Fukushima’s Long Shadow
April 21, 2011
Le Conte's Thrasher male jumping to nest with insect larvae
Le Conte's Thrasher male jumping to nest with insect larvae
I am sitting in full camouflage on the desert floor, tripod and long lens breaking up my outline, feeling equal parts elation and dread. Twenty yards out, along the sand colored corridor between the several varieties of low, green desert bushes for which I have no name, is the launch pad two Le Conte’s Thrashers are using to jump to their nest with insect prey for their two nestlings. Far off to my right, from behind low hills, arises steam from the Palo Verde nuclear plant. We are one week out from Japan’s cataclysm, and her frenzied dance with Fukushima’s potential meltdown is ongoing.

The elation I feel knowing I may be one of the first nature photographers to record the intimate details of Le Conte’s natural history is largely tempered by the dread I feel knowing how easily nature casts aside our species’ imperfect and puny plans. The silvery plumes against the lapis lazuli desert sky remind that Fukushima could happen right down the road from Phoenix. Fukushima tells us, in ways far more chilling than earthquakes and tsunamis, that everything on this planet is interconnected and that we are novices at predicting the consequences of our feeble attempts to subvert and subdue nature.

On this morning the thrashers make twenty-four trips to the nest in four hours. The fare is mostly grasshoppers, caterpillars, and insect eggs sacs, and the nestlings must be close to fledging because nest exits are quick and fecal sac removals few. As I prepare to leave, the last trip I witness by the female (I assume it is she because she always exits downward to the ground and runs away whereas the other parent always exits upward to a singing perch and looks around, then flies away) provides a terrible irony to the morning.

She brings to the launch pad a scorpion which she has captured, beats it on the ground presumably to detach the stinger, then jumps upward to deliver it to her brood. How often do we facetiously suggest that the sole surviving species of a nuclear holocaust will surely be coyote, cockroach, or scorpion, ubiquitous and unloved outliers that live in shadow along the edges of the interface between man and nature? These thoughts intrude as I glimpse again, in my peripheral vision, whatever it is that Palo Verde is spewing.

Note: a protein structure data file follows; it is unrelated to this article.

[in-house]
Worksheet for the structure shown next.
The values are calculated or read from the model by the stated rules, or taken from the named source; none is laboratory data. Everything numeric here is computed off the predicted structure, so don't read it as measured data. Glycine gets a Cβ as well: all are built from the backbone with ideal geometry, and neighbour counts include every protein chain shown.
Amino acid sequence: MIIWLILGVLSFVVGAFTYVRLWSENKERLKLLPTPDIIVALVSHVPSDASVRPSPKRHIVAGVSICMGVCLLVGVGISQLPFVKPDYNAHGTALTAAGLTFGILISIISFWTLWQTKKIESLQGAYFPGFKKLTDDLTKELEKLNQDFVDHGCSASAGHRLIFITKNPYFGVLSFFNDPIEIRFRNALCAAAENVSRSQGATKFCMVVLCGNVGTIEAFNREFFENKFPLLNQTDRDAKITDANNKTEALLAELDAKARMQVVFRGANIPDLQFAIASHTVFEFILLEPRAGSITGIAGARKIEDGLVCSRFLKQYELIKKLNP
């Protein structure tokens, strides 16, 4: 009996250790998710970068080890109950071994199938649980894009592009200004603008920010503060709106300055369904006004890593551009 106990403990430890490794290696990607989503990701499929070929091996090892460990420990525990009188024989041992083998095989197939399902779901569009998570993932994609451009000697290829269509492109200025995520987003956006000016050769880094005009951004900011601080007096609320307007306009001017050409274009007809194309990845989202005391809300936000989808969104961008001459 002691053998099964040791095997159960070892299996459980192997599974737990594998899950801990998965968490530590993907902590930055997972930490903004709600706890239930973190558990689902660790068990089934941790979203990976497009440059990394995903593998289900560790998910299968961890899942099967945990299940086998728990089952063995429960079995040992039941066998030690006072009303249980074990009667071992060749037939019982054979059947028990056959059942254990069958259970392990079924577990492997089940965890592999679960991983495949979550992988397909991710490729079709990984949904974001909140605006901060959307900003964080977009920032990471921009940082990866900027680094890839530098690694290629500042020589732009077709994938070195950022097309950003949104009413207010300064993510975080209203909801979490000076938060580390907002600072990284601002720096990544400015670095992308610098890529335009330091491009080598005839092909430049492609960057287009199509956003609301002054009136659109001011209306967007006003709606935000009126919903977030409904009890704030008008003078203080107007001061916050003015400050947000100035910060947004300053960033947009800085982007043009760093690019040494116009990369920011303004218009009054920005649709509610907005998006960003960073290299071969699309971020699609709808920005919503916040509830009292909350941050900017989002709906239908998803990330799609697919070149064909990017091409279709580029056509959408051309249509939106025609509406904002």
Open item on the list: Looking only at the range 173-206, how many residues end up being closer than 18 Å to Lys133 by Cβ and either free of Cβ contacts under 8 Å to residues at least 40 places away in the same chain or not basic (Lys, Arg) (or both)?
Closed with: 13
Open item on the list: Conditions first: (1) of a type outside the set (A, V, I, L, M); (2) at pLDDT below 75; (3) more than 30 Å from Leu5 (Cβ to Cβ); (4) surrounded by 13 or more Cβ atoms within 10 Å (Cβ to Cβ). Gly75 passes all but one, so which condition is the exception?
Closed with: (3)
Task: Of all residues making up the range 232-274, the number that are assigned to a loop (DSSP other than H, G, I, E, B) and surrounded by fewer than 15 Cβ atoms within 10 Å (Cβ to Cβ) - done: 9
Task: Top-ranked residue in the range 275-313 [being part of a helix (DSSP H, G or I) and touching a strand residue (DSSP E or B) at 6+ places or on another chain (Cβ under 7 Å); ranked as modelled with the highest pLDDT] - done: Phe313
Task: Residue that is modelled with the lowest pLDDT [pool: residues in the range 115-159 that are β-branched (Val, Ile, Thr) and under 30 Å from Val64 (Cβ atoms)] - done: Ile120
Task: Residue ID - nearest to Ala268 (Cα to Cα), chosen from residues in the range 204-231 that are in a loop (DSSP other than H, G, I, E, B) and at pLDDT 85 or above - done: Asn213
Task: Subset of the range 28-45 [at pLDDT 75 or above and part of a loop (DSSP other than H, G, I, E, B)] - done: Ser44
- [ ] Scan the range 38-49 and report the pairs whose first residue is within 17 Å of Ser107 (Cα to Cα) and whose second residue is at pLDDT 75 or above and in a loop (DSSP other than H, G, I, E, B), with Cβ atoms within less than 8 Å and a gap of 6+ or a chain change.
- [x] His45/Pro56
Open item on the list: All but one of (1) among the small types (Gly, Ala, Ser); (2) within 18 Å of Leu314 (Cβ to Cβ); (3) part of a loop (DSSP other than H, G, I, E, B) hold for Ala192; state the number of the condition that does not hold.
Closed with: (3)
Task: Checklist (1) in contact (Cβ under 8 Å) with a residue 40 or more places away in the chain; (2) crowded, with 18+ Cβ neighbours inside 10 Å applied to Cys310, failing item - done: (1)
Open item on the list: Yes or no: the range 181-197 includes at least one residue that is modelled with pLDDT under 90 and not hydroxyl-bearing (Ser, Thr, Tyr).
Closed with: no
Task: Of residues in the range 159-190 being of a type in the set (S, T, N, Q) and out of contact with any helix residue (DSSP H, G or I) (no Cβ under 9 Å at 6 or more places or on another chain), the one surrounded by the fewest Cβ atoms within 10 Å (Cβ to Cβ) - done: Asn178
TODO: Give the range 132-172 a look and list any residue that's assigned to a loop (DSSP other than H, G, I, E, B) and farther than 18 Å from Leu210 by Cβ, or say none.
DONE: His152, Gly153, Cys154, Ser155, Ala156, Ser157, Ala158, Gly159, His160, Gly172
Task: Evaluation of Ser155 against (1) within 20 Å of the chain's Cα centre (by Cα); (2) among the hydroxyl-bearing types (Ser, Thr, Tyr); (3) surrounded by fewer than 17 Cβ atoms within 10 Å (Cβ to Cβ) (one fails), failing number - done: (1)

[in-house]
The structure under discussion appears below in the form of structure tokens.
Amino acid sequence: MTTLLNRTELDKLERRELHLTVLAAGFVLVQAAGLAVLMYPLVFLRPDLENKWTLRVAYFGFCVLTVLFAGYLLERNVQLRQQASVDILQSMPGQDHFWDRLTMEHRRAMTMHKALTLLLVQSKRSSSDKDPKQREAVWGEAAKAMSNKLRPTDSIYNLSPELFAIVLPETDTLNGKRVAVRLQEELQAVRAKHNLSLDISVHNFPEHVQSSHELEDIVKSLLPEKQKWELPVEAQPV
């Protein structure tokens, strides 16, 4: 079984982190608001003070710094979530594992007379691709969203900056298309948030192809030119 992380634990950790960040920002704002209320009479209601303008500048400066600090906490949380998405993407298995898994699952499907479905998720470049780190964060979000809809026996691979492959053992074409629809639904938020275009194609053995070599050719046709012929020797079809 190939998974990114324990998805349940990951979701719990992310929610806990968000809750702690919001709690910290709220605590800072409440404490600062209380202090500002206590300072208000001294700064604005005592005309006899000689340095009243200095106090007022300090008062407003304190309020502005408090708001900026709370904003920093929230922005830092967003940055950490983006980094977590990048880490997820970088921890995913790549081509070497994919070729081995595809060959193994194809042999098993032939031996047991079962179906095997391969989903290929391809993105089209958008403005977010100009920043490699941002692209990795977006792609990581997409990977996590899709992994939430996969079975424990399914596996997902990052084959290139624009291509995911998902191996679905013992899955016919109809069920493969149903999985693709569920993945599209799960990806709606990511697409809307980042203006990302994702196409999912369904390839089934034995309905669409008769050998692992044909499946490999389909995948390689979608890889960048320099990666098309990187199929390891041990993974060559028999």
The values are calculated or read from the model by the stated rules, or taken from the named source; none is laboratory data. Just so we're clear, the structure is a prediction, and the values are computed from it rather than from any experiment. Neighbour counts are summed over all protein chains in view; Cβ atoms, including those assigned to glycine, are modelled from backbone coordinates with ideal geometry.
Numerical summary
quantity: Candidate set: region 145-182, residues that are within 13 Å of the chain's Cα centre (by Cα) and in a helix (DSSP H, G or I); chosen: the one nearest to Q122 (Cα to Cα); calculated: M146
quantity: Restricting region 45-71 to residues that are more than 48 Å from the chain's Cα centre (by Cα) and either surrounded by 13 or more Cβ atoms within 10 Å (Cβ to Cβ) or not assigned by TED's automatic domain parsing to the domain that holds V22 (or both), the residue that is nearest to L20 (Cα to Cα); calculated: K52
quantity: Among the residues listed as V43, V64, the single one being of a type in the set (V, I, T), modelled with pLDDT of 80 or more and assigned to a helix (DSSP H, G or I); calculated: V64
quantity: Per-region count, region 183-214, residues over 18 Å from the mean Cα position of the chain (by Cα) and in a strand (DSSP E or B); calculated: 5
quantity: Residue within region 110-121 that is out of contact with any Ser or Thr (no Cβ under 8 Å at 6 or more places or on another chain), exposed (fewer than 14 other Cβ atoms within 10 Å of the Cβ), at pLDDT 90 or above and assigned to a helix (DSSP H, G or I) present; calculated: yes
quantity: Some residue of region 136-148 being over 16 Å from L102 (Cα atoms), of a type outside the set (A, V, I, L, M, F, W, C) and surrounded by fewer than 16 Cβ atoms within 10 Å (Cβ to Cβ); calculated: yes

Not much thrives in this arid, creosote wasteland between Phoenix and the Colorado River. This is, of course, precisely why Palo Verde is located here, close to Phoenix yet far away. Is it far enough? Is there a “far enough away” anywhere on the planet? The Le Conte’s, a species exquisitely evolved to survive the planet’s harshest habitat, are thriving, literally in Palo Verde’s shadow, but neither they nor we are evolved to survive what befell Fukushima.

During the Arizona Breeding Bird Atlas years it was said that ABBA surveyors were the first to ever find and document a Le Conte’s nest but Diane Touret, a Tucson birder, has also found one here this breeding season. Between them, her nest and mine, five young have been produced, and in this small circle of desert where temperatures will soon touch one hundred by ten o’clock in the morning, there are surely more Le Conte’s families. For them and the scorpions it is a circle of life. For better or worse we are part of this circle. The plumes from the Palo Verde plant are an echo of Fukushima, a garish reminder of how easily our species can rend this circle if we do not make informed and proper choices.
Le Conte's Thrasher female removing fecal sac from the nest
Le Conte's Thrasher female removing fecal sac from the nest
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